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Portland’s City Council may follow San Francisco and Seattle and soon enact an ordinance that would require all employees in the city limits to earn paid sick leave. The City Council could vote on an ordinance mandating paid sick days as early as the end of the year.

Seattle’s paid sick leave ordinance only went into effect September 1st, after lengthy negotiations to revise the original ordinance to make it workable for Seattle businesses. Seattle’s ordinance requires nearly all private-sector employers to provide employees who work in Seattle with specified amounts of accrued paid sick and safe time; employers with 4 to 250 employees are required to provide one hour of sick leave for every 40 hours an employee works. San Francisco’s paid sick leave ordinance has been in effect for about 5 years. There, workers accrue an hour of sick leave for every 30 hours worked, up to 5 paid sick days per year at smaller workplaces with fewer than 10 employees and up to 9 paid sick days per year at larger workplaces. A study in San Francisco by the Institute for Women’s Policy Research found that since the enactment of San Francisco’s paid sick leave ordinance, the average worker takes 3 sick days per year. Tipped employees take an average of 2 days off and return to work sooner because their paid leave cannot make up for lost tip revenue.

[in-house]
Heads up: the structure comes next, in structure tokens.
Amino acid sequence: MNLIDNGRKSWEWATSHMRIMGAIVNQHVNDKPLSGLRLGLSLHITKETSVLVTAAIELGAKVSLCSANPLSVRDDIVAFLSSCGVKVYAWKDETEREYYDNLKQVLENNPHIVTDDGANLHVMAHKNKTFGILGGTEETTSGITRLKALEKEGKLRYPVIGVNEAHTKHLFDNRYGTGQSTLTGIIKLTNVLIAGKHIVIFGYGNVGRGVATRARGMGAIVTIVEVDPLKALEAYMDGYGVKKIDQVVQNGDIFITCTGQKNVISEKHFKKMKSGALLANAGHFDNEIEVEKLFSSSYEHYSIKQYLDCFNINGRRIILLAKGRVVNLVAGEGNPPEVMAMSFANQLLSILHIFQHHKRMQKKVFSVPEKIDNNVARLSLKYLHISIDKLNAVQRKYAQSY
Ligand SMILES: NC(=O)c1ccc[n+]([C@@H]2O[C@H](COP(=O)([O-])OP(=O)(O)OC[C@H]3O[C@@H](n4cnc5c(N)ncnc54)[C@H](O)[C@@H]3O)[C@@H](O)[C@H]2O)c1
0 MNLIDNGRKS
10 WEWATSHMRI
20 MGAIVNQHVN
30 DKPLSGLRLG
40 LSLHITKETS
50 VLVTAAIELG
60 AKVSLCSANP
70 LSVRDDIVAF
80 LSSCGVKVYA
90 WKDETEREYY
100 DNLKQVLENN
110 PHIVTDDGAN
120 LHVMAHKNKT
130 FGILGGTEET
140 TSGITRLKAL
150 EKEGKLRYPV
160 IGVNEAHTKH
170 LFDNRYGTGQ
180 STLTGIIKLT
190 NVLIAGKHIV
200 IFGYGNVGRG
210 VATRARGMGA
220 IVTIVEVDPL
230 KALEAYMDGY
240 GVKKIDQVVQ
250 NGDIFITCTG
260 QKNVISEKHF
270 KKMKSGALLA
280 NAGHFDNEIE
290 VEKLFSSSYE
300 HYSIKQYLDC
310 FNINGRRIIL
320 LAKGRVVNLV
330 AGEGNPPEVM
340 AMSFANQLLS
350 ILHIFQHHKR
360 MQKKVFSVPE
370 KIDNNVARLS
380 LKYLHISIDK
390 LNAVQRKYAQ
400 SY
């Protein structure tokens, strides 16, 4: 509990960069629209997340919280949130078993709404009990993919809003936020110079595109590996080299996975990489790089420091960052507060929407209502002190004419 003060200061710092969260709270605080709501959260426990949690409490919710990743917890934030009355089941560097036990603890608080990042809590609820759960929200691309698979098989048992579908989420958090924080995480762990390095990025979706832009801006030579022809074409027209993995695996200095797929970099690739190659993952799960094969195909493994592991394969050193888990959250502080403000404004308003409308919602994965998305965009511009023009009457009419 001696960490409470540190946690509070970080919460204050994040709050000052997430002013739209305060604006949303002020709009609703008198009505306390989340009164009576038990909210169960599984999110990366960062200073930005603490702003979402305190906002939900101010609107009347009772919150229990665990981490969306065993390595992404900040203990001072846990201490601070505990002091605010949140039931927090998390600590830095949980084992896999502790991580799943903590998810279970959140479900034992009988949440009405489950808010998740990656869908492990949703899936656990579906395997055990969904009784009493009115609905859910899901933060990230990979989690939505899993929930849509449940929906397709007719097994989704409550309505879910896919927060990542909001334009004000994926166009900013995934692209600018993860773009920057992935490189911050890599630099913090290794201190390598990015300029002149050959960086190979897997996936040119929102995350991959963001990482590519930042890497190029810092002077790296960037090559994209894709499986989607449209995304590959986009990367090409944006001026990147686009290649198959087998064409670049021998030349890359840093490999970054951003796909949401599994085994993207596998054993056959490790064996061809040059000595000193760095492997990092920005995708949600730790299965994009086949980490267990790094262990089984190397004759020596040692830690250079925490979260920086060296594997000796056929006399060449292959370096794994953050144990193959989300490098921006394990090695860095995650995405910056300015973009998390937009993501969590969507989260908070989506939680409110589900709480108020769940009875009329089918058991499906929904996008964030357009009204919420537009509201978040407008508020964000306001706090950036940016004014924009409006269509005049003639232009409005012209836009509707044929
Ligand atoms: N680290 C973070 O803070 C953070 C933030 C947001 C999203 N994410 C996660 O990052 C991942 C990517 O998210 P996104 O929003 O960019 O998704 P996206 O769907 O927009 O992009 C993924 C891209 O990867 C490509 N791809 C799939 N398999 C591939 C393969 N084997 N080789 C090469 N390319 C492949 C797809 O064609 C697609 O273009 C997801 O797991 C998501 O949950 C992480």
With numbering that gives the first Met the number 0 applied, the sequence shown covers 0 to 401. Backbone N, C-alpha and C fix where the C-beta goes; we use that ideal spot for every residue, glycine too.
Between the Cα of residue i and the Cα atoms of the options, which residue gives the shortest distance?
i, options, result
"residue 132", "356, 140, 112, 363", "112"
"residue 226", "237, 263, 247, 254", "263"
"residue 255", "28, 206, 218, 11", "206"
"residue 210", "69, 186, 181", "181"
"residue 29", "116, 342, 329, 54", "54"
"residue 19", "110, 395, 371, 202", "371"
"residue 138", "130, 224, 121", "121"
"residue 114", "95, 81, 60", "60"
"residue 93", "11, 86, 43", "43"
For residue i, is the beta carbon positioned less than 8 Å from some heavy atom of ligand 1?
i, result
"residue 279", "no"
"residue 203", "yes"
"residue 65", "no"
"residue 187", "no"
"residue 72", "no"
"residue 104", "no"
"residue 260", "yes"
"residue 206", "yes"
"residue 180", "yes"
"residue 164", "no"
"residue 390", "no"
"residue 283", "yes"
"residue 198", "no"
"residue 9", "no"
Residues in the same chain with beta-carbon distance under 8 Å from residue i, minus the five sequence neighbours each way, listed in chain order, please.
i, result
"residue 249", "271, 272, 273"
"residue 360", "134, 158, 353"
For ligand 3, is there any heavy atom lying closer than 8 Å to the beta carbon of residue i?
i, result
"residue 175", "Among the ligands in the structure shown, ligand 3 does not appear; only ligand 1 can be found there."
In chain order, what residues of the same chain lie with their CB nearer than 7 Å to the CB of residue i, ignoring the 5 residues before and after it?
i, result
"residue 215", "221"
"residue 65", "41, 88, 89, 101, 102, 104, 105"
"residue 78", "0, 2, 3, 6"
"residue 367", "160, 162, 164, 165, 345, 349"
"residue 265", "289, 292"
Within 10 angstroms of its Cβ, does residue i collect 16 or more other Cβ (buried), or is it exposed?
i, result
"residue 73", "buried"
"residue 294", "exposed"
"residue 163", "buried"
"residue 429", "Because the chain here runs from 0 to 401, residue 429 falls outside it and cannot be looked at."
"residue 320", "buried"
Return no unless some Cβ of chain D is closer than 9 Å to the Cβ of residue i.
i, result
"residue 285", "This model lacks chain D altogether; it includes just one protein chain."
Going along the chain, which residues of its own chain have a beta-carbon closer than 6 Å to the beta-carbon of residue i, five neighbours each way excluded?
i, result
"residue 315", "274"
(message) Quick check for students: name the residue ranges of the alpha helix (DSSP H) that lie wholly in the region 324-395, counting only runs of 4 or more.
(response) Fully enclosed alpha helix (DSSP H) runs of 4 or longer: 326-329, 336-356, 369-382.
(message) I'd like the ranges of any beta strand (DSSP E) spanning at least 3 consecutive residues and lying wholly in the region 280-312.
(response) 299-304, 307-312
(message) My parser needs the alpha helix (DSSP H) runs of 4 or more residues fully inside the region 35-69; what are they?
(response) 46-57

Just this week, the Seattle Office for Civil Rights released its final regulations for the new Paid Sick/Safe Time ordinance. They arrived not a moment too soon, because the ordinance goes into effect on September 1, 2012. If you haven’t already started planning for compliance, you should now.

The new law will require businesses to accrue and provide paid sick and safe leave for employees when they or their family members are ill or are a victim of domestic violence. The law also includes notice and posting requirements to employees, as well as record keeping and reporting.

In an earlier posting, we walked through the basic requirements of the law. Here is a more detailed look at the law and tips on how you can ensure compliance.

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About the Editor

Greg Duff founded and chairs Foster Garvey’s national Hospitality, Travel & Tourism group. His practice largely focuses on operations-oriented matters faced by hospitality industry members, including sales and marketing, distribution and e-commerce, procurement and technology. Greg also serves as counsel and legal advisor to many of the hospitality industry’s associations and trade groups, including AH&LA, HFTP and HSMAI.

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